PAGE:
Let's understand with below program

Misspelled builtin function name or user-defined function

employee = ["John", "Peter", "Alex", "Camren"]

def getEmployee(index):
	if(len(employee) <= index):
	 return "Index out of range"
	  return employee[index]


Result: NameError: name 'getEmploye' is not defined

Explanation: As we can see, the calling function in print is getEmploye instead of getEmployee. Therefore it raised a NameError here.

Undefined param name:

Below program demonstrates NameError for undefined variable

var = 'hello'

Result: NameError: name 'va' is not defined

Explanation; Here we are trying to access variable va that is not defined in the program

Accessing variable is out of its scope:

Let's understand with a below simple example

def inner():
  x = "inner Function"


Result: NameError: name 'x' is not defined

What above code mean:

This inner variable x defined inside the function is only accessible within the function scope because it is a local variable for function inner therefore it raises NameError while accessing outside of the function scope.


TypeError occurs when trying to execute an inappropriate object type operation. Following are common causes behind TypeError:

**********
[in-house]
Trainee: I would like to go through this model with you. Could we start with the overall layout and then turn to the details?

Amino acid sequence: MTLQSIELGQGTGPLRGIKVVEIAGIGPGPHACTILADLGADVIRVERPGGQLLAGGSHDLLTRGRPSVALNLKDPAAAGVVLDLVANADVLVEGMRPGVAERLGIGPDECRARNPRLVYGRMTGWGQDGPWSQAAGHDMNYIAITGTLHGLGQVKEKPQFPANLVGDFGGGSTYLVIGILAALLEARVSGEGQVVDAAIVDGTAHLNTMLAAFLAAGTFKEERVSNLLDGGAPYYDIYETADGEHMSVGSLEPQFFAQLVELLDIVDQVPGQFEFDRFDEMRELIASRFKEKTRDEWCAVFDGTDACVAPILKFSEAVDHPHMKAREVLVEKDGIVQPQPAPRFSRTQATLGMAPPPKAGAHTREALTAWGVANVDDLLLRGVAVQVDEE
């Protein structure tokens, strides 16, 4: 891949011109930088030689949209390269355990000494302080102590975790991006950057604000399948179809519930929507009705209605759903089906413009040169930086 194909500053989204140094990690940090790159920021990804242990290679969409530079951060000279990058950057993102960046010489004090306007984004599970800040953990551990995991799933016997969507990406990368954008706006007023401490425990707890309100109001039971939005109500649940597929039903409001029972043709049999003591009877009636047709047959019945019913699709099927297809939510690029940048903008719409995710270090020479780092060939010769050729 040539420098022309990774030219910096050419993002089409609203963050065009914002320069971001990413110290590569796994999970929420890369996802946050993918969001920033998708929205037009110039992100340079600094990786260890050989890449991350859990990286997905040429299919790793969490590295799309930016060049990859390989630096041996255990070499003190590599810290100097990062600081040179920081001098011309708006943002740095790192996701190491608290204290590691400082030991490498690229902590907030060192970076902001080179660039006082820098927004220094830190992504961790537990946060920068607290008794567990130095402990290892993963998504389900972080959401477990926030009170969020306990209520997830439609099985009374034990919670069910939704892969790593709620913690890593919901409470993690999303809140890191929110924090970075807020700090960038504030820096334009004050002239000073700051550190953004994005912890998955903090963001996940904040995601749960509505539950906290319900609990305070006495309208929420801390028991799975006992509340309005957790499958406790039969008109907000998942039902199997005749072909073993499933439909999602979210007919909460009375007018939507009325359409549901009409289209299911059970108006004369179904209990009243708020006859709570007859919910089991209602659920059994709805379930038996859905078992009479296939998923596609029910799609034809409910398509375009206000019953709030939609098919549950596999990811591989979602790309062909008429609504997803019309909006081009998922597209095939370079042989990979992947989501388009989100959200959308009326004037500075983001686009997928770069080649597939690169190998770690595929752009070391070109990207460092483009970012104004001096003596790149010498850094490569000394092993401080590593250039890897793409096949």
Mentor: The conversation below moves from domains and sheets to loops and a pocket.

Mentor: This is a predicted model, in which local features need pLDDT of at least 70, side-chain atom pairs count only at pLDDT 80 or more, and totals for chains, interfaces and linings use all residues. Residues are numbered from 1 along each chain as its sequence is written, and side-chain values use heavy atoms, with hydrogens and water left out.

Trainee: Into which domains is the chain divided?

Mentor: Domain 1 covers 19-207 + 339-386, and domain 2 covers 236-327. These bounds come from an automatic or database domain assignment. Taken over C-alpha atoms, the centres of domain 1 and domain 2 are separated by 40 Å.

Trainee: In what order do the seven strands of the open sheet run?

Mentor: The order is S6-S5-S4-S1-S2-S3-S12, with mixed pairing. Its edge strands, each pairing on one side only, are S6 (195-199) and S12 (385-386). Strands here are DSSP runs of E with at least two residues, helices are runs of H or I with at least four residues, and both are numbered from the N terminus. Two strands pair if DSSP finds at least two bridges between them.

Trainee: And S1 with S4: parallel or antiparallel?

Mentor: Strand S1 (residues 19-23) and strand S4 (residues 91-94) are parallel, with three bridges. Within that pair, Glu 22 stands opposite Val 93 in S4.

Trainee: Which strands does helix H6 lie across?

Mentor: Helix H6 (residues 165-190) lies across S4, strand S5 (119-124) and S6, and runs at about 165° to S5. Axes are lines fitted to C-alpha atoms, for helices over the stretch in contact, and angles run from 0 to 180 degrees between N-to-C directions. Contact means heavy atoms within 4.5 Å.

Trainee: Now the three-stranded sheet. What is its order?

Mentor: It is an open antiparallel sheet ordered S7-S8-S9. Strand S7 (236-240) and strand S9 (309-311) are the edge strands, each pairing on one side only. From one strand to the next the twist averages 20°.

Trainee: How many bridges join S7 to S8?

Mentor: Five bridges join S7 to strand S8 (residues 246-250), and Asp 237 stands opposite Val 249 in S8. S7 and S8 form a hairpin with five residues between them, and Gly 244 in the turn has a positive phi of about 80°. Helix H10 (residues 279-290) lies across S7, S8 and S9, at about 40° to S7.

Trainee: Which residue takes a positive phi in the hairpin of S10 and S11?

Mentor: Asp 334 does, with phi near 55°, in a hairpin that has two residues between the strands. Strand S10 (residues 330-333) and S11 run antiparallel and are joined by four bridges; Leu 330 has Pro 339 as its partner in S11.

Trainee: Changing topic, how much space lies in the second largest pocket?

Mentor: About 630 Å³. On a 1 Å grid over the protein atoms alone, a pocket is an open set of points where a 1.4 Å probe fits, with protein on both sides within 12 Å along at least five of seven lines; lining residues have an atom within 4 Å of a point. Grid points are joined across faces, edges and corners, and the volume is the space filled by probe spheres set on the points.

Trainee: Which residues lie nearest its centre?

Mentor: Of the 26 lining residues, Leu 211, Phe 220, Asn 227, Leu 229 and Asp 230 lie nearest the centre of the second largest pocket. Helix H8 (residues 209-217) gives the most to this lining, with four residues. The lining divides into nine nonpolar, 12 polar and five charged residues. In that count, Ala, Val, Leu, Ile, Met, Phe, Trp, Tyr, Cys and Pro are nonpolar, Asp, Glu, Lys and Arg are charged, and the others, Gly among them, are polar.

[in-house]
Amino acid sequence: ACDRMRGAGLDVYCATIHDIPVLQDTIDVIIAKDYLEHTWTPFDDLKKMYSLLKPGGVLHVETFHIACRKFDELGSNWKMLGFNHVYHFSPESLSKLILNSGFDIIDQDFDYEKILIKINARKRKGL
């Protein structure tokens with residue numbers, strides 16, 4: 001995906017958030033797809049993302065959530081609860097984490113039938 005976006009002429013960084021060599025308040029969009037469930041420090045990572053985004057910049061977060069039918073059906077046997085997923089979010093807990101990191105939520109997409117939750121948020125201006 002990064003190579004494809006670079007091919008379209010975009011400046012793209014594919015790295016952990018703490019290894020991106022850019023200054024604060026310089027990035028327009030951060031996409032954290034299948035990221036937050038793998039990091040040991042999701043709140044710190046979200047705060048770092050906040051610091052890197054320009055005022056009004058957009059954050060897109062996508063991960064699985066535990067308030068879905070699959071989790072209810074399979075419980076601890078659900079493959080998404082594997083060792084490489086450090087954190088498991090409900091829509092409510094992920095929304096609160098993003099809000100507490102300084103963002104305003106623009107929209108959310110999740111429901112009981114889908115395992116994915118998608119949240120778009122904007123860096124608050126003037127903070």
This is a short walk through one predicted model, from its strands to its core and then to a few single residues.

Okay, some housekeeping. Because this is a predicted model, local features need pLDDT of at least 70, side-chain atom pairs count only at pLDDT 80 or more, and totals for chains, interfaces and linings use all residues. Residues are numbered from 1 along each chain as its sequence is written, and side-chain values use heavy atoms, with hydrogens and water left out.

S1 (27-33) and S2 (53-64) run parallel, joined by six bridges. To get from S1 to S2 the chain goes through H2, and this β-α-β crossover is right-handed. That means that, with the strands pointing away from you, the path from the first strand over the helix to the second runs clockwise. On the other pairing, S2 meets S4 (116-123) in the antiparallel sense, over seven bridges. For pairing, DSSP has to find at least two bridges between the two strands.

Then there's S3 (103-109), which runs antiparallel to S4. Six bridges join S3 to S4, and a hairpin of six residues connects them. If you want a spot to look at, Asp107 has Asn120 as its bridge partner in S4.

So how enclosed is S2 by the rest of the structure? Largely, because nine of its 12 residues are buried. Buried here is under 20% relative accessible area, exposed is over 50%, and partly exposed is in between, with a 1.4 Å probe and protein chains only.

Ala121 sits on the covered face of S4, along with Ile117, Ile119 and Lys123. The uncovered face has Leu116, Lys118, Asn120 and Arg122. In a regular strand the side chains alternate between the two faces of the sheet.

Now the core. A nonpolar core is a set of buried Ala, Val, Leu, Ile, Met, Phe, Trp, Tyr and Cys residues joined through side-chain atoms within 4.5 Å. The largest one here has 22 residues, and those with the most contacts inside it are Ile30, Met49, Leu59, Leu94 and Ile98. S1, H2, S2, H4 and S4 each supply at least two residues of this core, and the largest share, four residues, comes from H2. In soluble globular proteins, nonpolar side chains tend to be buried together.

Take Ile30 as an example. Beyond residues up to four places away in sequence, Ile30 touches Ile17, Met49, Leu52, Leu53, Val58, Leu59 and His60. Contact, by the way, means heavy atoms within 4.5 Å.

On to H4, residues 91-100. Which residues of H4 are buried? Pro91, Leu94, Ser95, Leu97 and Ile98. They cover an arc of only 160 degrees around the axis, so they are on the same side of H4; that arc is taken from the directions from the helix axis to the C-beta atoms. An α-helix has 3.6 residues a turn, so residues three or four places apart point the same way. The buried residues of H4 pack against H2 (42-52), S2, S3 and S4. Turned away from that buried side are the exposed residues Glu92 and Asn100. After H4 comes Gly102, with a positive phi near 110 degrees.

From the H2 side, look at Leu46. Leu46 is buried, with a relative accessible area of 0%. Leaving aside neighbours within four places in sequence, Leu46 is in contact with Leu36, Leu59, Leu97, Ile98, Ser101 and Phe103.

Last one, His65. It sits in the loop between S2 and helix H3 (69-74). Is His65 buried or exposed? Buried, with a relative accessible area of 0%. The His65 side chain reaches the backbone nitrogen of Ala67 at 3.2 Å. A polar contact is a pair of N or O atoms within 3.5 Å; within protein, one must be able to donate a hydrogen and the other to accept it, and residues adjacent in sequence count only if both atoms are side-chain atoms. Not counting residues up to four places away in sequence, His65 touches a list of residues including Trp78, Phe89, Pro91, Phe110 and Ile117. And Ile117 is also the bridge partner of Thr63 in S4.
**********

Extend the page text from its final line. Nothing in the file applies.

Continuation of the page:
• Performing non-identical object-type operations.
  • Using string indices to access list elements instead of integers or slices.
  • Treating non-callable object as callable.

Performing non-identical object type operations.

def sum(num):
    print (num + 5)


Result: TypeError: can only concatenate str (not "int") to str


  • Created function sum to add received number to integer 5. Therefore function expects a num argument as an integer value.
  • Passing the string value test while calling function sum here causes TypeError with the self-explanatory message as can only concatenate str.

To fix this issue We need to ensure the same object-type operation while adding numbers or concatenating strings.

Therefore following two programs will work fine:

def sum(num):
    print (num + "5")


Result: test5

def sum(num):
    print (num + 5)


Result: 15

Using string indices to access list elements instead of integers or slices